Smith and Knouff were released the next day as Kansas City came to call. There was little excitement in this four-game series as the Athletics extended their winning streak to 13 games, outscoring K.C. 46-8. In the final game, the Athletics were outhit 15 to 14, but Seward held the westerners down to two runs with his squad racked up 12. On June 13 the win streak was snapped as first-place St. Louis managed a 2-2 tie in 11 innings with the second-place Athletics. A huge midweek crowd of more than 9,000 saw their heroes three times keep the Brown Stockings from scoring when they had a runner on third with fewer than two outs. The Athletics picked up a game the next day with a 10-inning victory, but after a rainout, they met their first-ever regular season defeat at Gloucester. They bounced back the next day with an easy 11-2 win in eight innings over St. Louis. Including the rainout, the five games against the Browns drew more than 46,000 fans.
With Columbus in town next, the Athletics maintained their winning ways by taking four out of five to improve their record to 34-17. However, there were ominous signs, as Denny Lyons came out early in the first game, supposedly due to an arm injury, but there were again reports of drinking. They didn’t miss him in that game as they wracked up 19 hits and 10 walks, scoring 22 times (Fennelly crossing the plate five times) with the help of nine wild pitches and passed balls. Despite the absence of both Lyons and Welch the next day, they won 6-0 behind Seward’s four-hitter to pull to within a game and a half of first. Seward would win 19 of his last 25 decisions. The Athletics took an early lead the next game and led 6-2 after seven innings only to allow Columbus to tie the game in the ninth and win it in the tenth, with the help of three errors by Lyons and a fly ball dropped by Coleman, who had replaced Stovey after the latter struck out three times. The Philadelphia crowd, then as now difficult to please, and having read stories of the players carousing, booed the Athletics heartily. They kept it up early in the next game, but another four-hit shutout by Seward won them back. That didn’t appease Harry Stovey, however, who yelled at reporters after the game, and insulted the fans during the first game of the Baltimore series on June 23. The Athletics’ play was sloppy again, with Lave Cross costing the team two runs by trying to tag Mike Griffin on what should have been a force out at the plate and missing him. That 8-0 defeat was the start of a six-game losing streak. The Athletics did manage to win an exhibition game in Reading on the 29th, with Tom Gunning catching Coleman. Gunning was released the next day; Coleman wouldn’t start a championship game between early June and early September. Despite his respectable 3-2 record and 2.91 ERA, Coleman wasn’t especially effective. He made four of his five starts against the two weakest clubs in the league, and wasn’t taken on some of the road trips.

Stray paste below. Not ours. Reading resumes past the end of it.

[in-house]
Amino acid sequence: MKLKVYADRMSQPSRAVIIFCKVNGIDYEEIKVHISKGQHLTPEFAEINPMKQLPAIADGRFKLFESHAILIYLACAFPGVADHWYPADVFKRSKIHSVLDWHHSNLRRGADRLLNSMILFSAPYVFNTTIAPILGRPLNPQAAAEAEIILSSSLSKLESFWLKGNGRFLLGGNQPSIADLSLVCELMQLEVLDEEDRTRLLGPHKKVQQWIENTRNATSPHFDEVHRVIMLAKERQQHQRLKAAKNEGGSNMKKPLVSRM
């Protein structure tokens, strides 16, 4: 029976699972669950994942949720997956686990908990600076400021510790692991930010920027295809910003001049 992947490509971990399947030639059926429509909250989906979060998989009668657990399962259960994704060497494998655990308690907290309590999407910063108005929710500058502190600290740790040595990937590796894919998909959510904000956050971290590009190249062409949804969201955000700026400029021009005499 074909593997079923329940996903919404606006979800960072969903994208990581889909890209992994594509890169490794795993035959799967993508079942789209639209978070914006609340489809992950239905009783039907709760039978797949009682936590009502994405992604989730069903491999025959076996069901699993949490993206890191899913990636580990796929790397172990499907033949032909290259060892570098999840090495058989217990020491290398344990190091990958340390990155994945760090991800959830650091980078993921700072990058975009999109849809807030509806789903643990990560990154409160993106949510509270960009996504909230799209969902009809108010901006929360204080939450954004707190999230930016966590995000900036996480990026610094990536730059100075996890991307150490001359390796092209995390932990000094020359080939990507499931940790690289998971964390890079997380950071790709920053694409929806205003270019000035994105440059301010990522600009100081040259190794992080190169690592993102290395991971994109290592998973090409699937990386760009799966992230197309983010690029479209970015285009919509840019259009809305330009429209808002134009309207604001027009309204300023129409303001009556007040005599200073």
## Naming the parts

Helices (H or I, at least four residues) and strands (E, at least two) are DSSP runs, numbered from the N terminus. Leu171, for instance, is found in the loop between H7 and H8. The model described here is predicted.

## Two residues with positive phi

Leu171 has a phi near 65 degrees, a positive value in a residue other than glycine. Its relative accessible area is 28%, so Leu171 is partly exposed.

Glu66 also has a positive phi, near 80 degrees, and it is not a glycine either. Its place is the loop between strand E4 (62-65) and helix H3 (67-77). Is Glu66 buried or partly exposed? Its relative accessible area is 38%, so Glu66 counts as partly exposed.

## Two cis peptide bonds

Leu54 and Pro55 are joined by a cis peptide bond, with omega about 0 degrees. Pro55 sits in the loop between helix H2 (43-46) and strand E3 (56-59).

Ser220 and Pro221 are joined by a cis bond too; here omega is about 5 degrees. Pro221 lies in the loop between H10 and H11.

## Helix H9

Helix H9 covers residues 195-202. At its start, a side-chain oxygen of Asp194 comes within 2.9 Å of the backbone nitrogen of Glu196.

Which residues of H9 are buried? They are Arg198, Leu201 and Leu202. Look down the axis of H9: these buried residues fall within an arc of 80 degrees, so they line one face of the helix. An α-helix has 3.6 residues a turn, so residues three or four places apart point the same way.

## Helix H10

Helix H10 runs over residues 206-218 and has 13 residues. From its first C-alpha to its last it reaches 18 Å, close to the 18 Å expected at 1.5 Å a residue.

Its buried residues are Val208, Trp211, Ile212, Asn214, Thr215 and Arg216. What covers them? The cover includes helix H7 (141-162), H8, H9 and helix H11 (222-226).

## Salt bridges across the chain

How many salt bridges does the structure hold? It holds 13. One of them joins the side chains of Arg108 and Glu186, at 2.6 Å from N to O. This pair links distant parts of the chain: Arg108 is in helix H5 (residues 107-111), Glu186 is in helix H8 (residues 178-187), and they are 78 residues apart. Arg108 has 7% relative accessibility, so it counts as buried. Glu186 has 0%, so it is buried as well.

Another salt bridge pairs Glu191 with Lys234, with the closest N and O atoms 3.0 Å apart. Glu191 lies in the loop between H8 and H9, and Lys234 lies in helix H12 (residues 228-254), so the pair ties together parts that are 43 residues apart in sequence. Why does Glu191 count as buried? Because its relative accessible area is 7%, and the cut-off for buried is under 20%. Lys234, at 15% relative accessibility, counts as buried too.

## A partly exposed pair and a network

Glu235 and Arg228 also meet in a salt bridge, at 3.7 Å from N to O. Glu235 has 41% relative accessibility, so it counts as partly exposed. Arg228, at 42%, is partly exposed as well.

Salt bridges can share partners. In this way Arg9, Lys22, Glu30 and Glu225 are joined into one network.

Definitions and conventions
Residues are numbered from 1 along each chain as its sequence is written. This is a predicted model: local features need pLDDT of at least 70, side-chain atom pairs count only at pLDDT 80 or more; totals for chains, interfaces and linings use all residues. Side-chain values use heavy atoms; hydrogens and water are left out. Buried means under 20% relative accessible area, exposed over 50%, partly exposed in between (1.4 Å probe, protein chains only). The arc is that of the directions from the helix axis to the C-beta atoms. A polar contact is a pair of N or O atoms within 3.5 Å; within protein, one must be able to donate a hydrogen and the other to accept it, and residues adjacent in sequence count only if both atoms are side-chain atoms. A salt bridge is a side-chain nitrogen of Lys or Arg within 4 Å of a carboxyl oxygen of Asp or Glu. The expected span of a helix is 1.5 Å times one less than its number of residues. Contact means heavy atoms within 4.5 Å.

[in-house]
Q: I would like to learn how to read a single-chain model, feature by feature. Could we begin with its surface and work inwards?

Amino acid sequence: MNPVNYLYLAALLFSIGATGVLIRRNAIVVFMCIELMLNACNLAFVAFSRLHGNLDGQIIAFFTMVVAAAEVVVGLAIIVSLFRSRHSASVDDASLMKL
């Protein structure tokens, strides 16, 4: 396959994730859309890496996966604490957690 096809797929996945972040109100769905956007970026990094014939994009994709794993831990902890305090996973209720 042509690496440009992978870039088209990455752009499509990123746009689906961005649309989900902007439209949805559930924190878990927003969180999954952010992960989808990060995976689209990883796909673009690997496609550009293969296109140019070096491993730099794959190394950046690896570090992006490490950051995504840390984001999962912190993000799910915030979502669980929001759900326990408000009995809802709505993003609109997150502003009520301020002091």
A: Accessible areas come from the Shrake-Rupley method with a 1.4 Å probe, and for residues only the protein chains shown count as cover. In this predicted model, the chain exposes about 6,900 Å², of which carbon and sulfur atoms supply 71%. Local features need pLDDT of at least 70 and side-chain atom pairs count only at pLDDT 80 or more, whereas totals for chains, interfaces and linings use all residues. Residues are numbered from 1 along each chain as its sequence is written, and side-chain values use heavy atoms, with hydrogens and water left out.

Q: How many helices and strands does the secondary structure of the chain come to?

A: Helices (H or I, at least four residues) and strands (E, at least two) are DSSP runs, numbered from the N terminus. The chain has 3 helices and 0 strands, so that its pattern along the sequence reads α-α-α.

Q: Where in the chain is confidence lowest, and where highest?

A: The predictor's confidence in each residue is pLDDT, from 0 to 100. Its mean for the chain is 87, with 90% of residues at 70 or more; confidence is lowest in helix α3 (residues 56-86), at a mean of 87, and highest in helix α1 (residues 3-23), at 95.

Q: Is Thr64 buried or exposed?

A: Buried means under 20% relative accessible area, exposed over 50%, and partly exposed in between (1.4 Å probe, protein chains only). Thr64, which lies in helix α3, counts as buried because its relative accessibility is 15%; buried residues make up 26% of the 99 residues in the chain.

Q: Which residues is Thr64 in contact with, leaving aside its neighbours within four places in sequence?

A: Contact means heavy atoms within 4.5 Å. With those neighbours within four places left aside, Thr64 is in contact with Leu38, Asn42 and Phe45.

The Athletics finally snapped their losing streak in the second half of a July 4 twin-bill in Louisville, with Larkin supporting Seward with five hits. Larkin was on his way to finishing second in the league with a .428 on base average. During the streak, the Athletics signed a new pitcher, John (Sadie) McMahon. McMahon was on Norristown of the Middle States League, but the American Association and other signers of the National Agreement didn’t recognize the contract rights of non-signing leagues such as the Middle States. He picked up a win in his first game on July 5, but struggled his next several starts, often receiving poor support from his teammates, some of whom were said to be intentionally playing badly. The Athletics next traveled to Cincinnati, where they dropped two out of three. Their only victory came on July 7 when Larkin stole pitcher Elmer Smith‘s signs, helping the Athletics pound out 15 hits. In that game the teams combined for nine double plays, six of them by the Athletics. Trips to St. Louis, Kansas City, and Brooklyn followed, with the Athletics losing two of three in each city, dropping their record to 40-30. Lou Bierbauer had to rush home from Brooklyn due to the sudden death of his wife. Bierbauer, in the midst of his best season (he would finish fourth in the league with 105 RBI), missed almost two weeks as he made arrangements for the care of his three-year-old child. Others who missed games due to death or illness to family members included Weyhing, Welch (twice), and Brennan, as well as Sharsig. Having no spare infielders, the Athletics tried shifting Larkin to second with Mattimore covering first, but after they both made two errors, Larkin was returned to first with Brennan playing second. In Brennan’s first game, he handled ten chances without an error as the Athletics defeated second-place Brooklyn 3-2, but mostly he played like an out-of-position catcher.